Feb 222010

Every RVer is different. Some of us like motorhomes, and some like trailers. Some of us like to move around from place to place, seldom staying longer than a week in any location, while others like to “put down roots,” and often stay several months at a time in one place. There are those of us who always want to see new places and hate traveling the same routes, or going back to the same RV parks. Others find comfort in the familiar, and have favorite places where they go every winter or summer. Some appreciate upscale RV resorts with every amenity, while there are those of us who prefer the small mom and pop campgrounds.

I say viva la différence! Wouldn’t it be a boring world if we all enjoyed the same things and went to the same places all the time? Not to mention crowded!

Even among fulltiming couples, preferences can vary. I love to be on the go, and if we stay more than a week or two in most places, I start getting hitch itch. Miss Terry, on the other hand, likes to find a nice place to nest once in a while. She enjoys having time to bake, crochet, read, and just relax. So we compromise, which is the secret to success for any snowbird or fulltiming couple. 

In Saturday’s blog, Ten Least Favorite Places, I wrote about some of the places we have visited and didn’t care for. I expected to get comments from readers who agreed with me, as well as from those who didn’t. I wasn’t disappointed.

Several readers agreed that they also don’t like the Rio Grande Valley in Texas, and I heard from those who love it.

I was surprised to see that my friend Mike McFall agreed with me in his Mike and Pat’s Travels blog post yesterday, since they have a beautiful lot at Retama Village in Mission, Texas. But Mike said he’s no fan of the Valley, outside of Retama. Having visited Mike and Pat and seeing how nice Retama Village is, I have to agree that it’s the best thing we saw in the Rio Grande Valley.

The great thing about the RV lifestyle is that there is no “one size fits all.” Barring health or financial issues that might put a cramp in our traveling style, most of us are free to do it our way.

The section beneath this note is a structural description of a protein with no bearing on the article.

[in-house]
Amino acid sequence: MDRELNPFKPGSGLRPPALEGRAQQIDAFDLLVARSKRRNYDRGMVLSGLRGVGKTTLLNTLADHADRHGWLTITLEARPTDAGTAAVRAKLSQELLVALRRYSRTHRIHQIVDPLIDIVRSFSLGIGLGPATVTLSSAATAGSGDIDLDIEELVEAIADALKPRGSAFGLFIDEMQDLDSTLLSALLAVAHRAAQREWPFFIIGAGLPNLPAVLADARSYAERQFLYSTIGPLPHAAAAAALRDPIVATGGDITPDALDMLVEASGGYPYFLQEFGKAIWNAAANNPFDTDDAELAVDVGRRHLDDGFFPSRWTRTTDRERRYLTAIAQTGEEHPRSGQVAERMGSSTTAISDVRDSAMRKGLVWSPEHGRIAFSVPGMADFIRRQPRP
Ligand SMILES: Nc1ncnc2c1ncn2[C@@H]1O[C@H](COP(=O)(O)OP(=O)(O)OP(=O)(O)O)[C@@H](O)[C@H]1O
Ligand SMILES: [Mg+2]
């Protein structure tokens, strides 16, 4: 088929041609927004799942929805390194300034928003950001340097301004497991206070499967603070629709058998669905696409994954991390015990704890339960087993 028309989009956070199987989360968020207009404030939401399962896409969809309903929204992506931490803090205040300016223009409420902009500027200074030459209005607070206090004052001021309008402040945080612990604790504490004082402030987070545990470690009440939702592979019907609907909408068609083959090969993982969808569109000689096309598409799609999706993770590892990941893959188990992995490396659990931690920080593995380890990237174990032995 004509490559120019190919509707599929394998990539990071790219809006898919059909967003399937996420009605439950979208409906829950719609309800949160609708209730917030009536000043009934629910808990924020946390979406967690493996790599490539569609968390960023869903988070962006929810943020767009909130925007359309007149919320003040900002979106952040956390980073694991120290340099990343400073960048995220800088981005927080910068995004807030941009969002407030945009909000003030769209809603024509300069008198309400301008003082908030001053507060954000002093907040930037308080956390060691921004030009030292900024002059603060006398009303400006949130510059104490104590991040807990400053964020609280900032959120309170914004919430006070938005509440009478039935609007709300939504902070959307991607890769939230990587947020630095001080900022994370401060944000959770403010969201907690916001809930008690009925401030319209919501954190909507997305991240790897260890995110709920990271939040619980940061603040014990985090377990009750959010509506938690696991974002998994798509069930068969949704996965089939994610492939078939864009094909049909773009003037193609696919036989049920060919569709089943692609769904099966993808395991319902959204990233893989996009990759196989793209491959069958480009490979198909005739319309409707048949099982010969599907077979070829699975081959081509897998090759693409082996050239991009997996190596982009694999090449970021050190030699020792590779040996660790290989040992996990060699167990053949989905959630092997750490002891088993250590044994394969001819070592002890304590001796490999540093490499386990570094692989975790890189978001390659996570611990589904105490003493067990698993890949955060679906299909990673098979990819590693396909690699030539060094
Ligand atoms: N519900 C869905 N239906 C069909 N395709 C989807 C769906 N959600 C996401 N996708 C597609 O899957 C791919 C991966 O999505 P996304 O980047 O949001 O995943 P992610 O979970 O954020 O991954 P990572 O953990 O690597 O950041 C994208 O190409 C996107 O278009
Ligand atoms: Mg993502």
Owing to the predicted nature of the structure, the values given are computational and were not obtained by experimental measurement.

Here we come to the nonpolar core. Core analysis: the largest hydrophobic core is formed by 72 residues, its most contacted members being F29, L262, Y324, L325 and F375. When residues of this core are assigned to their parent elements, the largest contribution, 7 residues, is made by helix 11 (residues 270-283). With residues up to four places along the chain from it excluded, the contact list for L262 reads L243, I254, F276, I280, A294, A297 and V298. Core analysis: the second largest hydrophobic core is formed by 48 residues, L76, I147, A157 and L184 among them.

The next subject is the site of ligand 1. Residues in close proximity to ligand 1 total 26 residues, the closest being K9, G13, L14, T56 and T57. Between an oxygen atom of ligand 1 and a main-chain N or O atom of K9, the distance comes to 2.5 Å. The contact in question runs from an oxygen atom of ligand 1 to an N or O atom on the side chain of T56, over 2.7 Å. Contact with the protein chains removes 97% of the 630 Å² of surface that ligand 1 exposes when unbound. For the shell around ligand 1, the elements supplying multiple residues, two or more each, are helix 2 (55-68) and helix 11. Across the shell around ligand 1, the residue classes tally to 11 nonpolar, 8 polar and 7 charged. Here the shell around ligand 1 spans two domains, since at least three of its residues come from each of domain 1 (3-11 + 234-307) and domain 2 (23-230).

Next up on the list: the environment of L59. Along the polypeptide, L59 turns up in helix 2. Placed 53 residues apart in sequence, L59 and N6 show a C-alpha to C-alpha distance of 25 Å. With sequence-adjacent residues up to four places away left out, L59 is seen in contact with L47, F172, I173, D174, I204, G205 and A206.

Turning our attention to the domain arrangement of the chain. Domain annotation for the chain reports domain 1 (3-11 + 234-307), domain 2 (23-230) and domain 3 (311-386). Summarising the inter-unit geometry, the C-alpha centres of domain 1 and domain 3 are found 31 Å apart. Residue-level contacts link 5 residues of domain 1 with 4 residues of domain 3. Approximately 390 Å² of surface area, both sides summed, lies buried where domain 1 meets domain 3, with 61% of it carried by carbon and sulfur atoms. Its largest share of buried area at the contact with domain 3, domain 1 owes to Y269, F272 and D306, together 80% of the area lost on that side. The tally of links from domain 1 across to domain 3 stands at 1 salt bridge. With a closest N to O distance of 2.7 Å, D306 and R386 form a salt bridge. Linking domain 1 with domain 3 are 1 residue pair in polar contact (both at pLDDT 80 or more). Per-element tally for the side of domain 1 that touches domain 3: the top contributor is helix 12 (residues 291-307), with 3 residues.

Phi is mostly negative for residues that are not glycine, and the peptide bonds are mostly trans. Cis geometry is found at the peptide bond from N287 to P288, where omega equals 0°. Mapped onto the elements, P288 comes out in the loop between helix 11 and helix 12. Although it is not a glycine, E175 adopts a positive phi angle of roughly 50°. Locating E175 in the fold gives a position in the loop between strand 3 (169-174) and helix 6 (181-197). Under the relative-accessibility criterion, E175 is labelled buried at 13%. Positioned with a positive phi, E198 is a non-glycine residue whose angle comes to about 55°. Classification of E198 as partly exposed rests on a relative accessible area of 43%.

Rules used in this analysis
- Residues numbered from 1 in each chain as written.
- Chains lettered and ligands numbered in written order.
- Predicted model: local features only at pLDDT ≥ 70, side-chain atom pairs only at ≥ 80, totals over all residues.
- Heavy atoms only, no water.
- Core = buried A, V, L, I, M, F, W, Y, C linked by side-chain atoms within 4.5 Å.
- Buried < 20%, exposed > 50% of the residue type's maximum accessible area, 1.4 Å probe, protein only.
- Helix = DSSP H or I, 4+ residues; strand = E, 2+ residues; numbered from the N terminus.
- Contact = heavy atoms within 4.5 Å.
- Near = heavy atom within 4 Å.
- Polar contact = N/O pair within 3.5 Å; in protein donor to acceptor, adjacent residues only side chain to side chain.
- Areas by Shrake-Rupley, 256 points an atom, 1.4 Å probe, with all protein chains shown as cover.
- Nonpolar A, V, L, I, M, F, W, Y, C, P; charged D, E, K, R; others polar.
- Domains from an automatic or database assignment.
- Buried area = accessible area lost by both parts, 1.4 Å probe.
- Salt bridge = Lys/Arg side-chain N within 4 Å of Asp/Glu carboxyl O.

If we want to bounce around like pin balls from one corner of the country to the next, we can do it. If we like to find a comfortable place and hunker down for a season, there are plenty of RV parks offering monthly rates. If we enjoy watching the sun set over the ocean, or sunrises over the Great Lakes; if we are desert rats, or find comfort in the high mountains, we can go there. If we are history buffs, we can actually go to the places where our forefathers struggled to build this nation. If we love playing golf, what better way to enjoy our hobby than by following the sun all year long, playing in shirtsleeves from Connecticut to California?  

Don’t you love being a part of our great lifestyle, where one size does not fit all?

Heck, some of us even have alternate personalities. My alter-ego, Bad Nick, was at work yesterday putting together a Bad Nick Blog post titled Charity Begins At Home. Check it out and leave a comment.

Thought For The Day – Never confuse a street address for where you actually live.

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Nick Russell

World-Famous, New York Times Best Selling Author, and All-Around Nice Guy!

  3 Responses to “Viva la Différence!”

  1. Compromise is the name of the game in any successful marriage, not just for RVers. Consensus is better, of course, but not always possible without a lot of work. Sometimes we just have to be aware of which partner wants something the most and be willing to work with that. We aren’t on the road yet but we’re full-timing while still “planted” in one area for work. We’re eager to be on the road in September!

  2. “Don’t you love being a part of our great lifestyle, where one size does not fit all?”

    Yes, yes, yes! 🙂 Difference is what makes this lifestyle so unique. We love it! 🙂

  3. I think you hit the nail right on the head.

    Different people have different preferences and different needs.
    So – just as those 10 worst places you mentioned might be a great places to others – all the review sites and ratings can not work for everyone.

    From the campground perspective – they are not and should not cater to all RVers, and when being reviewed or ranked – they should be reviewed within the category they belong to. In other words – a campground that position itself as a great overnight stay on the highway should be ranked at the same scale as an upscale RV resort.

    This is the one feature I am missing the most when looking for campgrounds out there.

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